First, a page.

Applied Research in Quality of Life

, Volume 7, Issue 2, pp 117–135 | Cite as

Subjective Well-Being among Adolescent Consumers: The Effects of Materialism, Compulsive Buying, and Time Affluence

  • Chris ManolisEmail author
  • James A. Roberts


The burgeoning world-wide consumer culture brings with it certain baggage. Materialistic attitudes and compulsive buying have both been linked to lower levels of subjective well-being in consumers. Additionally, time is becoming an increasingly precious commodity as denizens of the consumer culture increase their work load and activities in an attempt to fully achieve the happiness promised by a lifestyle of consumption. The purpose of the present research is to investigate whether the negative impact of materialism and compulsive buying on well-being is moderated by a person’s perceived time affluence (the time one perceives he/she has available for life’s many activities). Using a large sample of adolescents (n = 1,329), the present study finds that (1) materialism and compulsive buying negatively impact subjective well-being, and that (2) time affluence moderates the relationship between materialism and compulsive buying and well-being. Specifically, perceptions of time affluence were found to negate the negative relationship between both materialism and SWB and compulsive buying and SWB. And (3), the present research appears to have uncovered a “sweet spot” when it comes to the influence of time affluence on the above relationships. Too little or too much time affluence was found to be associated with lower well-being. A simple slope analysis suggests that moderate levels of time affluence are most conducive to our well-being as consumers. In addition to discussing these findings, the authors also note certain limitations and offer directions for future research.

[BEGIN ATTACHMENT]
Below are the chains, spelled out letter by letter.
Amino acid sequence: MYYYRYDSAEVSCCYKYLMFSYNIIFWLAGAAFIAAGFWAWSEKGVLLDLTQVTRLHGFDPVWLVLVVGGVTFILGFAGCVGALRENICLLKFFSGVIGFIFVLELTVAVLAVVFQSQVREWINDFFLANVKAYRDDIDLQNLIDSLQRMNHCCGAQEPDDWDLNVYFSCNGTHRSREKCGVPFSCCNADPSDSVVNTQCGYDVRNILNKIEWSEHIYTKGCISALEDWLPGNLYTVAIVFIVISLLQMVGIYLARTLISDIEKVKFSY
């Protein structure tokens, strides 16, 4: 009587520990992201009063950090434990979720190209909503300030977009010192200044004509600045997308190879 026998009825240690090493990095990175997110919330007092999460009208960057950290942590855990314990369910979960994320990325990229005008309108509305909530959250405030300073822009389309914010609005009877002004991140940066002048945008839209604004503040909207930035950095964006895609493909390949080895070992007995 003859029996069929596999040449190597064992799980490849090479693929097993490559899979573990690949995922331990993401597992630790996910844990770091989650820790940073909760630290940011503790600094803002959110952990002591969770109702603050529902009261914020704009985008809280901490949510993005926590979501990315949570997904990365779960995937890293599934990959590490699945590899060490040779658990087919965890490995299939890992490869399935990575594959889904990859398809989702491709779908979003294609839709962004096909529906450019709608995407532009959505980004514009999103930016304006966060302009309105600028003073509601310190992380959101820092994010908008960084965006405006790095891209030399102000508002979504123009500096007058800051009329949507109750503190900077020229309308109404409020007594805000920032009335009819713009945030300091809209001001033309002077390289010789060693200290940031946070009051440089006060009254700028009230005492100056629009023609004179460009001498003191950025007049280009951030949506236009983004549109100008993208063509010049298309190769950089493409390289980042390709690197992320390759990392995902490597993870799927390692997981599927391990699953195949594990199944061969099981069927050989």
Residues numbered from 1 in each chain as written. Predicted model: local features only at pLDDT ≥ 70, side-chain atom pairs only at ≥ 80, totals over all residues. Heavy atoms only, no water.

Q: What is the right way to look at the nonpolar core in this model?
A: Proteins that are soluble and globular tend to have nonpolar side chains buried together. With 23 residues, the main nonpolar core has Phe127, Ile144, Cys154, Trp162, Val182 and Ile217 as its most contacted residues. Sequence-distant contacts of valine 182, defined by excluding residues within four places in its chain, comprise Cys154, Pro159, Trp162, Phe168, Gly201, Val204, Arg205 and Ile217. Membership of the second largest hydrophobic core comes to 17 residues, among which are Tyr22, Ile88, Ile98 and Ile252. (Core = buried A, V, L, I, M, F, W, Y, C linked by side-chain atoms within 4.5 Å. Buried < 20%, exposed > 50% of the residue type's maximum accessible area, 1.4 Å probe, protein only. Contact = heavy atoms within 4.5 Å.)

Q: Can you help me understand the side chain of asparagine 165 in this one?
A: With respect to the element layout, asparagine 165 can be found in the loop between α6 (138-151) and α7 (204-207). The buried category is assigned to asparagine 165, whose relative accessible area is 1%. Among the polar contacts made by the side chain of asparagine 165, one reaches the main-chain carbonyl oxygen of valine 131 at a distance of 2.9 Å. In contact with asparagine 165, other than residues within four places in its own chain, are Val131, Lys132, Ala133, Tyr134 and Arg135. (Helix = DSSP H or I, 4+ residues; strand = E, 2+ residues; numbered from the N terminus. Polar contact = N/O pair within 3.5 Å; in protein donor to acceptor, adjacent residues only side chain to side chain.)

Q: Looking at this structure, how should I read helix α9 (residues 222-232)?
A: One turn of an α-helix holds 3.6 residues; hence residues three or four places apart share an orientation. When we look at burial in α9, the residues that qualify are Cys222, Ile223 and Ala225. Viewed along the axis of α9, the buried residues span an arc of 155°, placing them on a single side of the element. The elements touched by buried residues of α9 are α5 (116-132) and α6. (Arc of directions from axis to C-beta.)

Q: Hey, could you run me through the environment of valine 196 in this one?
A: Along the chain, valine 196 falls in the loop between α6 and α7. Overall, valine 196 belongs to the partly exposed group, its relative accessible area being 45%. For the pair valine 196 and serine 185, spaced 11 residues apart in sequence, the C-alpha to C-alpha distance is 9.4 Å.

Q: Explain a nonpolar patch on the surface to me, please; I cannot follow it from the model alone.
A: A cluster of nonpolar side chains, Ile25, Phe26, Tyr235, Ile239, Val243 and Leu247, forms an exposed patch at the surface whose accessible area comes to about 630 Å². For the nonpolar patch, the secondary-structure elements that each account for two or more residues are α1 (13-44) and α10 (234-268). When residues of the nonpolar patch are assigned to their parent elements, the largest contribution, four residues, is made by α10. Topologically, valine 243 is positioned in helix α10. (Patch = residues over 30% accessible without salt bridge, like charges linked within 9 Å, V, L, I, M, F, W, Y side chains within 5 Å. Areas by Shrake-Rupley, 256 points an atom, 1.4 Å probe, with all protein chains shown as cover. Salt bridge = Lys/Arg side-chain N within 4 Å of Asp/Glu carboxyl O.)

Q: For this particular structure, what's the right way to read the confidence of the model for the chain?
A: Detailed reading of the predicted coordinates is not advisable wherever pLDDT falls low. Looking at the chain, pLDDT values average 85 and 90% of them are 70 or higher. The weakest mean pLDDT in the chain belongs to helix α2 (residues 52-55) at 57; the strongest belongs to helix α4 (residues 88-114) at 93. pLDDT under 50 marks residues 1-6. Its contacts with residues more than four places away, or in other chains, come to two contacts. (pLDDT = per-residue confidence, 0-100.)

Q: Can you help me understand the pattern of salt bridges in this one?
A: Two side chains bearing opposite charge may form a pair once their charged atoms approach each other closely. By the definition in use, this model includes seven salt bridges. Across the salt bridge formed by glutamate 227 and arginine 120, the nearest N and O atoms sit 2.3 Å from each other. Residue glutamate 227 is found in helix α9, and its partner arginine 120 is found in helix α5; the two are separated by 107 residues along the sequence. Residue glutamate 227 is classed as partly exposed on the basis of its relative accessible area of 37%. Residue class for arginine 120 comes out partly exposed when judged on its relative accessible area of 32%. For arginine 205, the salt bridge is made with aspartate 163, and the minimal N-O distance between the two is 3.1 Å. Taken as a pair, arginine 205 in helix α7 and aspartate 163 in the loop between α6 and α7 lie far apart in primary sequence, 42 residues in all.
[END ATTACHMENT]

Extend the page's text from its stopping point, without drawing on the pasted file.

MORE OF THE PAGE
Time affluence Adolescents Subjective well-being Materialism Compulsive buying 


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Copyright information

© Springer Science+Business Media B.V./The International Society for Quality-of-Life Studies (ISQOLS) 2011

Authors and Affiliations

  1. 1.Department of MarketingXavier University, Williams College of BusinessCincinnatiUSA
  2. 2.Marketing DepartmentBaylor University, Hankamer School of BusinessWacoUSA

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